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This photo taken on Feb. 13, 2018, shows Afghan men who lost their legs due to landmines resting at a hospital run by the International Committee of the Red Cross in Kabul.


The number of civilians killed and wounded in the war in Afghanistan declined last year, but the number of deaths from airstrikes was on the rise, according to a new United Nations report released on Thursday.

The total number of civilian casualties decreased by 9 per cent in 2017, compared to 2016, the U.N. mission said in its annual report on the subject.

"The chilling statistics in this report provide credible data about the war's impact, but the figures alone cannot capture the appalling human suffering inflicted on ordinary people, especially women and children," said Tadamichi Yamamoto, the U.N. special representative for Afghanistan.

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The 2017 Annual Report on the Protection of Civilians in Armed Conflict in Afghanistan found that between Jan. 1 and Dec. 31, 2017, there were 10,453 civilian casualties – 3,438 deaths and 7,015 wounded.

That compares to a total 11,434 casualties for the same period in 2016, when there were 3,510 deaths and 7,924 wounded.

But the decline in total deaths was tempered by the report's finding that the number of airstrikes conducted by international military forces and Afghan air forces increased significantly – and with it the number of airstrike-related deaths.

The United Nations Assistance Mission in Afghanistan documented 631 civilian casualties – 295 deaths and 336 wounded – from aerial operations conducted by pro-government forces. That's a 7 per cent increase from 2016, and the highest number from airstrikes in a single year since 2009. Aerial operations accounted for 6 per cent of all civilian casualties in Afghanistan in 2017.

Danielle Bell, a U.N. official for human rights in Afghanistan, said the reduction "is an important step" but cautioned that 2017 was the "fourth consecutive year, where the emission recorded more than 10,000 civilian causalities."

Afghanistan has been mired in conflict since 2001 when the United States invaded after 9-11. The U.S. and NATO forces formally concluded their combat mission at the end of 2014 and shifted to a training role, but a resurgent Taliban stepped up their attacks and an affiliate of the Islamic State group has also emerged. Between Jan. 1, 2009, and Dec. 31, 2017, the conflict in Afghanistan has claimed the lives of 28,291 civilians and wounded 52,366 others, according to the report.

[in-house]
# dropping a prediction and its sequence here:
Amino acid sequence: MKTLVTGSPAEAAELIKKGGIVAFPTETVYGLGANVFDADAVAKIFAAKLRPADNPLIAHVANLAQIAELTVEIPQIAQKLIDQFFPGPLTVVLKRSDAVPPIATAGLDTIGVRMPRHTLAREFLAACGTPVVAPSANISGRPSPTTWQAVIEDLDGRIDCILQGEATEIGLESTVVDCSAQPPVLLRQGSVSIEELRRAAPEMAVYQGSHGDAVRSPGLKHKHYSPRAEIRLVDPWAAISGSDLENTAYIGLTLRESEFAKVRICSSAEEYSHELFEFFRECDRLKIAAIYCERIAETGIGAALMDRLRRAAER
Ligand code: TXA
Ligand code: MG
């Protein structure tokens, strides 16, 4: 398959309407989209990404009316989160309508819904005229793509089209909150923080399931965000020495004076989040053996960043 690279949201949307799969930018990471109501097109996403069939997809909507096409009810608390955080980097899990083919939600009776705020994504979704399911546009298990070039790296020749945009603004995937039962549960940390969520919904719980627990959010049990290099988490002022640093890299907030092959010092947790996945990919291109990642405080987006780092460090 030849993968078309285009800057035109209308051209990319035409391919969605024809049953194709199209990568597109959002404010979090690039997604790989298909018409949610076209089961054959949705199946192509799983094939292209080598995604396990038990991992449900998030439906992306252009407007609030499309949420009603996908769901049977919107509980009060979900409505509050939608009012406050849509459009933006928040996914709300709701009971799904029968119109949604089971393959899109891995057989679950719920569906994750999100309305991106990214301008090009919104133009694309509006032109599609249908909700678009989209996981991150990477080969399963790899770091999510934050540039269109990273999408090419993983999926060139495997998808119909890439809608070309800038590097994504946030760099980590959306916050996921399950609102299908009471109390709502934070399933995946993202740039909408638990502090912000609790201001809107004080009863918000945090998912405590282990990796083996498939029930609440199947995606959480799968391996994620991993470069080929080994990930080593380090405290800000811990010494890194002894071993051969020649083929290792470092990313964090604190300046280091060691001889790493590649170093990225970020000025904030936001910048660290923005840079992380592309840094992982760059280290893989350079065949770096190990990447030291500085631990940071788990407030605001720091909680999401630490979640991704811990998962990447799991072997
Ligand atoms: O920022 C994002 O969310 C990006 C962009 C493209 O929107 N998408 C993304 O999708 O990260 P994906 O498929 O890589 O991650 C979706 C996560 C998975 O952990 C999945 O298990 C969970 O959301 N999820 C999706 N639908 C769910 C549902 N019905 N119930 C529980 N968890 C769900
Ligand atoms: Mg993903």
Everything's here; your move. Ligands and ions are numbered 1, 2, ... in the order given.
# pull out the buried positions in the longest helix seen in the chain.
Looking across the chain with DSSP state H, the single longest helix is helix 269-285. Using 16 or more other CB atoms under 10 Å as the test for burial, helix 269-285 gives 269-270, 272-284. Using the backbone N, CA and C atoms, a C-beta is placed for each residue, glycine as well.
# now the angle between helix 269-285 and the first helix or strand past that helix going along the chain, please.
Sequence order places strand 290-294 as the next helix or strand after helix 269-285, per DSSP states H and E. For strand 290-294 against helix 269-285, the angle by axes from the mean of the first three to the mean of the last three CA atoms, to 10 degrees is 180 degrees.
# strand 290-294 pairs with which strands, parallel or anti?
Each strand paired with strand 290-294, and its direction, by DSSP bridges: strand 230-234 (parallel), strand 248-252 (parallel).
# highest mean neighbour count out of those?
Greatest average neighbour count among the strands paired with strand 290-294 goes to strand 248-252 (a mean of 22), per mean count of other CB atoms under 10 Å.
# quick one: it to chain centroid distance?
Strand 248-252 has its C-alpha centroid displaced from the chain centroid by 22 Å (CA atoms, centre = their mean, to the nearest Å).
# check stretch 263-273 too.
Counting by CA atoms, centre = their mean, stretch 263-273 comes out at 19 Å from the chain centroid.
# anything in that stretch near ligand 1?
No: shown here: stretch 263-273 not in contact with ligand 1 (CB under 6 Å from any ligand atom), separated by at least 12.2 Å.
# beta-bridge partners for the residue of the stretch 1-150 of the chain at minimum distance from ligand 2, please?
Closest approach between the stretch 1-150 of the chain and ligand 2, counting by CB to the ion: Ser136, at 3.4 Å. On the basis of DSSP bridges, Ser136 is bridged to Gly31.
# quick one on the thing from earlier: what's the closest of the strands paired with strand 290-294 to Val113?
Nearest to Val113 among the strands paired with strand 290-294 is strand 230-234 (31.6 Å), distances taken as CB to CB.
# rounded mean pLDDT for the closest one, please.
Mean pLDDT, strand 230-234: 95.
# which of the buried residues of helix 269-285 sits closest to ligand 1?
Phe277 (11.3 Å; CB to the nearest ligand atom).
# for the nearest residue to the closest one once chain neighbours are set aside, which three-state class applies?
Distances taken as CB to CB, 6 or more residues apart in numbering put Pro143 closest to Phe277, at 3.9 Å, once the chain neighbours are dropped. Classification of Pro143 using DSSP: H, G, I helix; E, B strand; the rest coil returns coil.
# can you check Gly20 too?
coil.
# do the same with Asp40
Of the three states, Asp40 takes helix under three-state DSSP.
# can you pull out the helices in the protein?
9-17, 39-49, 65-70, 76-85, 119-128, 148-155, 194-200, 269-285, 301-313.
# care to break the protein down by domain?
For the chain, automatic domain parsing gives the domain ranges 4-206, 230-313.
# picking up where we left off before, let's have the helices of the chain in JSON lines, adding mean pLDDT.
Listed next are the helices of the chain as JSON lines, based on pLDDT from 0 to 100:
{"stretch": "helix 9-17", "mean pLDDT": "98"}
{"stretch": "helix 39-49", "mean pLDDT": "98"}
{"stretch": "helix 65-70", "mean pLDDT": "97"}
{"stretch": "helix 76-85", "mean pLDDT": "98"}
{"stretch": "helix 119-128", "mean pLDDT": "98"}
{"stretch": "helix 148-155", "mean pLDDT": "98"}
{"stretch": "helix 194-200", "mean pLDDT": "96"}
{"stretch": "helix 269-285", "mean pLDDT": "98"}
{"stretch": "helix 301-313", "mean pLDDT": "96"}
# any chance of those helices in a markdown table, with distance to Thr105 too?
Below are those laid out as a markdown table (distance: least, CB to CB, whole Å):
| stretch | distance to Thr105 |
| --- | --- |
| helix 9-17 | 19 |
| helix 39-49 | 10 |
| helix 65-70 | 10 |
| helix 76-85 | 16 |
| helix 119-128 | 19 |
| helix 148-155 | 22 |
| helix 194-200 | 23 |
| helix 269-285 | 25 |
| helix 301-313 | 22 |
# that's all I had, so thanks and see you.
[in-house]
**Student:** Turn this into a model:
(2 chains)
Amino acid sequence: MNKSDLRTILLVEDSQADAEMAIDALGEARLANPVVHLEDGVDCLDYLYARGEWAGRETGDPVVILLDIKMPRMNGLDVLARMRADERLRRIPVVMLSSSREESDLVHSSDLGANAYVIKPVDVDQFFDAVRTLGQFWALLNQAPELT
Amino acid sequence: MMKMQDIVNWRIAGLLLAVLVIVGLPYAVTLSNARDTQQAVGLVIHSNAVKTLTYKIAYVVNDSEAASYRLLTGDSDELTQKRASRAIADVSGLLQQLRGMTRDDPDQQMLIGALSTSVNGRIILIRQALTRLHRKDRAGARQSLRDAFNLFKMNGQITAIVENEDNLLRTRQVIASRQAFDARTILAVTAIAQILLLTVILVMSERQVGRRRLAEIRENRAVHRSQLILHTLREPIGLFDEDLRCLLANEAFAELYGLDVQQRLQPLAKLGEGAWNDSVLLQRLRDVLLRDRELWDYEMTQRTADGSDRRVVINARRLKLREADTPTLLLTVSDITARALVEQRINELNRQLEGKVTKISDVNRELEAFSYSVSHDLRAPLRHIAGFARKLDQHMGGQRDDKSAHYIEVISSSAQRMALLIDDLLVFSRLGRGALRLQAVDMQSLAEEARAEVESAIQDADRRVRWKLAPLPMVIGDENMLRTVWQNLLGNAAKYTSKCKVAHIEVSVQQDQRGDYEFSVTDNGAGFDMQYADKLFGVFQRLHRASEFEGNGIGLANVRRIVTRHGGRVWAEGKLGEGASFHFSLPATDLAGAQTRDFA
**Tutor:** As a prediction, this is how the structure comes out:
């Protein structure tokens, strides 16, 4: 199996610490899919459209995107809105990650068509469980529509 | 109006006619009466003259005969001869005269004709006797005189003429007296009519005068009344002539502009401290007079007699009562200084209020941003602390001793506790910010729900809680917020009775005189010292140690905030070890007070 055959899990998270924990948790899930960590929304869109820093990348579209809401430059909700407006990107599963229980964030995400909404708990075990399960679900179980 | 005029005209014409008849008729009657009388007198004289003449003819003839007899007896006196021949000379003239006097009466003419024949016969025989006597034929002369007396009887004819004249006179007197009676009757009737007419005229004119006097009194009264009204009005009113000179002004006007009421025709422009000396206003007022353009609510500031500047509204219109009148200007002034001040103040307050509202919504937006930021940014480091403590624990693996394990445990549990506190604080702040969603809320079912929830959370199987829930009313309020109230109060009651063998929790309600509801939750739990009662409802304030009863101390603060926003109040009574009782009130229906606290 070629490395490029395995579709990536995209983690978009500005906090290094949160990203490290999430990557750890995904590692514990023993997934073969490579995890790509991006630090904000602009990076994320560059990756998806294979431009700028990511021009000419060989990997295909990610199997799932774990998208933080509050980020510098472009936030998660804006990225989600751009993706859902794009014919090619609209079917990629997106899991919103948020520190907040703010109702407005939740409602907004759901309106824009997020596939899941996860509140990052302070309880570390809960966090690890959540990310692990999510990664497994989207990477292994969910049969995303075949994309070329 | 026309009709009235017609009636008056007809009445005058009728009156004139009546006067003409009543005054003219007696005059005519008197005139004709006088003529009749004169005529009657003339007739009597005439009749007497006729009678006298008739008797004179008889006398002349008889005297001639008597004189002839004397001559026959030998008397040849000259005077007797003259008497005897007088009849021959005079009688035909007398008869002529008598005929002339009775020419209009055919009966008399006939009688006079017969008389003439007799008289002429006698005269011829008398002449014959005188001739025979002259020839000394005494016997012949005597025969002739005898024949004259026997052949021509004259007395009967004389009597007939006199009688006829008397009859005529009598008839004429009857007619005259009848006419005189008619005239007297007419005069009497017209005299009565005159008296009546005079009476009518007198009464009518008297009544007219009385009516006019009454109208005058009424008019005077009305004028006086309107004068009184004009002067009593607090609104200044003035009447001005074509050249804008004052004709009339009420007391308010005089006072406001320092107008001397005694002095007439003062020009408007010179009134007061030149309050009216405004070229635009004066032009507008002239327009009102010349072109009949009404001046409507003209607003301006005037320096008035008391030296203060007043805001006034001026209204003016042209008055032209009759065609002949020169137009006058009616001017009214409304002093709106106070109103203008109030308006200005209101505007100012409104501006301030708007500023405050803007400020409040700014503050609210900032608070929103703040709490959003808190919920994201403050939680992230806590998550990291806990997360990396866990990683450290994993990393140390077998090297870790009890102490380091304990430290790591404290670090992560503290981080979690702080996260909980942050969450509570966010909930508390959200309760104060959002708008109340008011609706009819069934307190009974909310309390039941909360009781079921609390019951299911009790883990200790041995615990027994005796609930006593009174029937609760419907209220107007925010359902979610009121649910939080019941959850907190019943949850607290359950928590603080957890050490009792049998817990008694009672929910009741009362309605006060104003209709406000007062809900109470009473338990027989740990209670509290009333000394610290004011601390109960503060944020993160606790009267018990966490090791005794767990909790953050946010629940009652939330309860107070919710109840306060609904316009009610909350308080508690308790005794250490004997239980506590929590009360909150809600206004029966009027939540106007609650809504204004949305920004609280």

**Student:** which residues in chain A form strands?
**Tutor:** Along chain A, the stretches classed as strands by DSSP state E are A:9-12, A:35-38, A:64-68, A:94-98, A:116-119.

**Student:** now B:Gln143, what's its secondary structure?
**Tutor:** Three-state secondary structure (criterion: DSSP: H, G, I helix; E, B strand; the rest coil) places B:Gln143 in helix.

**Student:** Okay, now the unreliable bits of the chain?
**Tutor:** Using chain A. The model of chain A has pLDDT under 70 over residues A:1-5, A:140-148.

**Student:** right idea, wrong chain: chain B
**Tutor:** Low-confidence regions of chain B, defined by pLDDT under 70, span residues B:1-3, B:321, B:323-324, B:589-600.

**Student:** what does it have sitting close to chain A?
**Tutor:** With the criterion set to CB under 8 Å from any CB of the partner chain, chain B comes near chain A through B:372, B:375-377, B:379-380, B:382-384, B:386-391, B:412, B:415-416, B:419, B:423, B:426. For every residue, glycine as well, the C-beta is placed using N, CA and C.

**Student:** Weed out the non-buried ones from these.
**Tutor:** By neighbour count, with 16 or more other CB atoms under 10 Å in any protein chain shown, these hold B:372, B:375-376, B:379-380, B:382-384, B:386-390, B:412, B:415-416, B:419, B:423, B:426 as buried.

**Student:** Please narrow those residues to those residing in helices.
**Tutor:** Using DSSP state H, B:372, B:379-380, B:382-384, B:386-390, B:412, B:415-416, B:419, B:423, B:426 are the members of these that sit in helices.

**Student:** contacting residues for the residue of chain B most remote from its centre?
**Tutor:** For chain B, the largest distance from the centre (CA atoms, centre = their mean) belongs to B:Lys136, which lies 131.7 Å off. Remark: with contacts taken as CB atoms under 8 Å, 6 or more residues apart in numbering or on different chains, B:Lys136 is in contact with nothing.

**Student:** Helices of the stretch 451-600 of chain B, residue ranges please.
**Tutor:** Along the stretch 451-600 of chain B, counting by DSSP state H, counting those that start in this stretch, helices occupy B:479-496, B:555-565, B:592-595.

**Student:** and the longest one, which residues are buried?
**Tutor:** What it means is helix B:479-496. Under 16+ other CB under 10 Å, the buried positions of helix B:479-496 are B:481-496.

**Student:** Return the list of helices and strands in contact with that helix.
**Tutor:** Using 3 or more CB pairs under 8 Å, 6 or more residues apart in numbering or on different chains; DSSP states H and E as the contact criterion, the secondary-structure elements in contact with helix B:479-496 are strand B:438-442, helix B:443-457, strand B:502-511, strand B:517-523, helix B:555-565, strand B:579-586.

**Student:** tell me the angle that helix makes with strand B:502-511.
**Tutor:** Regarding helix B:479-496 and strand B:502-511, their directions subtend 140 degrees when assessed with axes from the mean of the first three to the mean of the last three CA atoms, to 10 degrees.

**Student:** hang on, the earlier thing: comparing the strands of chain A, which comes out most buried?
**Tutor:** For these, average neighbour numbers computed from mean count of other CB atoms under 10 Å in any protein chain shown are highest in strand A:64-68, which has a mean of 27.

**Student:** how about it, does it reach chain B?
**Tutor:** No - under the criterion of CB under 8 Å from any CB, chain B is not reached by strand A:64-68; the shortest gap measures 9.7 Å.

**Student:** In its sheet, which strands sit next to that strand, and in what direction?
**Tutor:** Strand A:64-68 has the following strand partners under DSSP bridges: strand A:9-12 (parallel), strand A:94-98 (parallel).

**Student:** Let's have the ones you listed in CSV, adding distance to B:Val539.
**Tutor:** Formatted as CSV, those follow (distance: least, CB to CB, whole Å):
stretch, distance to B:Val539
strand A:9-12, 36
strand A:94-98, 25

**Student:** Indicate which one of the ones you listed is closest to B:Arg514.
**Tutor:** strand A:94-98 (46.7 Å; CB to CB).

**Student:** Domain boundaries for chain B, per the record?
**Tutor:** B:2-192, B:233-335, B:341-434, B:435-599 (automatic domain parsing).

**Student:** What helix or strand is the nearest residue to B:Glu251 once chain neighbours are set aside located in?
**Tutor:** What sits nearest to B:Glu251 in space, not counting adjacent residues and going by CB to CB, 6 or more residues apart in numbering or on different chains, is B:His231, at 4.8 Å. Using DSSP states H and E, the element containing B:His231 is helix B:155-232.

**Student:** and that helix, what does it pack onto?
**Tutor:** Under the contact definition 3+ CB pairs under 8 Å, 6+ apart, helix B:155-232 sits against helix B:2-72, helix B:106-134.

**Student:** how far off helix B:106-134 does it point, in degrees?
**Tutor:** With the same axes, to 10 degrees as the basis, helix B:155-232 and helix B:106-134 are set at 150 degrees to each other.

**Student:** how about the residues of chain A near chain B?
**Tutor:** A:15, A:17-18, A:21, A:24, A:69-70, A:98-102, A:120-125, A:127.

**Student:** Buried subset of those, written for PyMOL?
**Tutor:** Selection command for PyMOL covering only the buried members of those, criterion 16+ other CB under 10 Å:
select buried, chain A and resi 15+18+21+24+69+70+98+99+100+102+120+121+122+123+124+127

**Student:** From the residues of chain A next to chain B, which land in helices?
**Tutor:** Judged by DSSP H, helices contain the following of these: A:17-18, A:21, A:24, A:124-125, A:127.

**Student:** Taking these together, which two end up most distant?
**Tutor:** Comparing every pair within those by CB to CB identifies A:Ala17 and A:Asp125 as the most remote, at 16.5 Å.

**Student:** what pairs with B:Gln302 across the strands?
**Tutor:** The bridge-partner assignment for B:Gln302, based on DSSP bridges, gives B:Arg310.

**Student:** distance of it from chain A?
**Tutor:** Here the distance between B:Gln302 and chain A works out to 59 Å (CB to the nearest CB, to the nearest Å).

Suicide and complex attacks – when assailants combine two or more modes of attack on one target at the same time – caused 22 per cent of all civilian casualties in Afghanistan in 2017, with 16 per cent of all civilian casualties occurring from such attacks in the capital of Kabul.

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The report attributes close to two thirds of all casualties to militant groups fighting the government, mainly the Taliban, but also IS and other, undetermined anti-government elements.

Less than 5 per cent of the civilian casualties were caused by Afghan government forces and their allies, the international troops, while 11 per cent of the casualties were caused by unattributed cross-fire during fighting between Afghan forces and anti-government elements, the report said.

Yamamoto, who also heads UNAMA, expressed deep concern at the increased harm to civilians caused by suicide attacks.

"I am particularly appalled by the continued indiscriminate and unlawful use of (improvised explosive devices) such as suicide bombs and pressure-plate devices in civilian populated areas," he said. "This is shameful."

UNAMA also documented an increase in attacks against places of worship, religious leaders and worshippers, recording 499 civilian casualties with 202 deaths and 297 injured, during 38 such attacks in 2017. This amounted to three times as many attacks as in 2016, double the number of deaths and 30 per cent more total civilian casualties.

In 2017, women continued to suffer at levels comparable to 2016. Contrary to the overall decrease in civilian casualties, women casualties increased by less than one per cent, and women deaths increased by 5 per cent. Ground engagements remained the leading cause of harm to women, though UNAMA documented a decrease of 11 per cent in women casualties from ground fighting. The next leading cause, suicide bombings and complex attacks, caused more than double the number of women casualties in 2017 than in 2016.

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In line with the overall reduction in civilian casualties in 2017, child casualties decreased by 10 per cent, compared to 2016. UNAMA documented 3,179 child casualties in 2017, of which 861 were deaths and 2,318 were wounded.

"When we document these appalling civilian causality figures, it hurts, because it counters the best interest of this country," Yamamoto told reporters in Kabul on Thursday.

"Each of these figures represents a hope crushed for a better future," he added.

Kabul was in despair on Sunday, a day after a Taliban suicide bomber killed more than 100 people and wounded at least 235 in the worst attack in the Afghan capital in months Reuters
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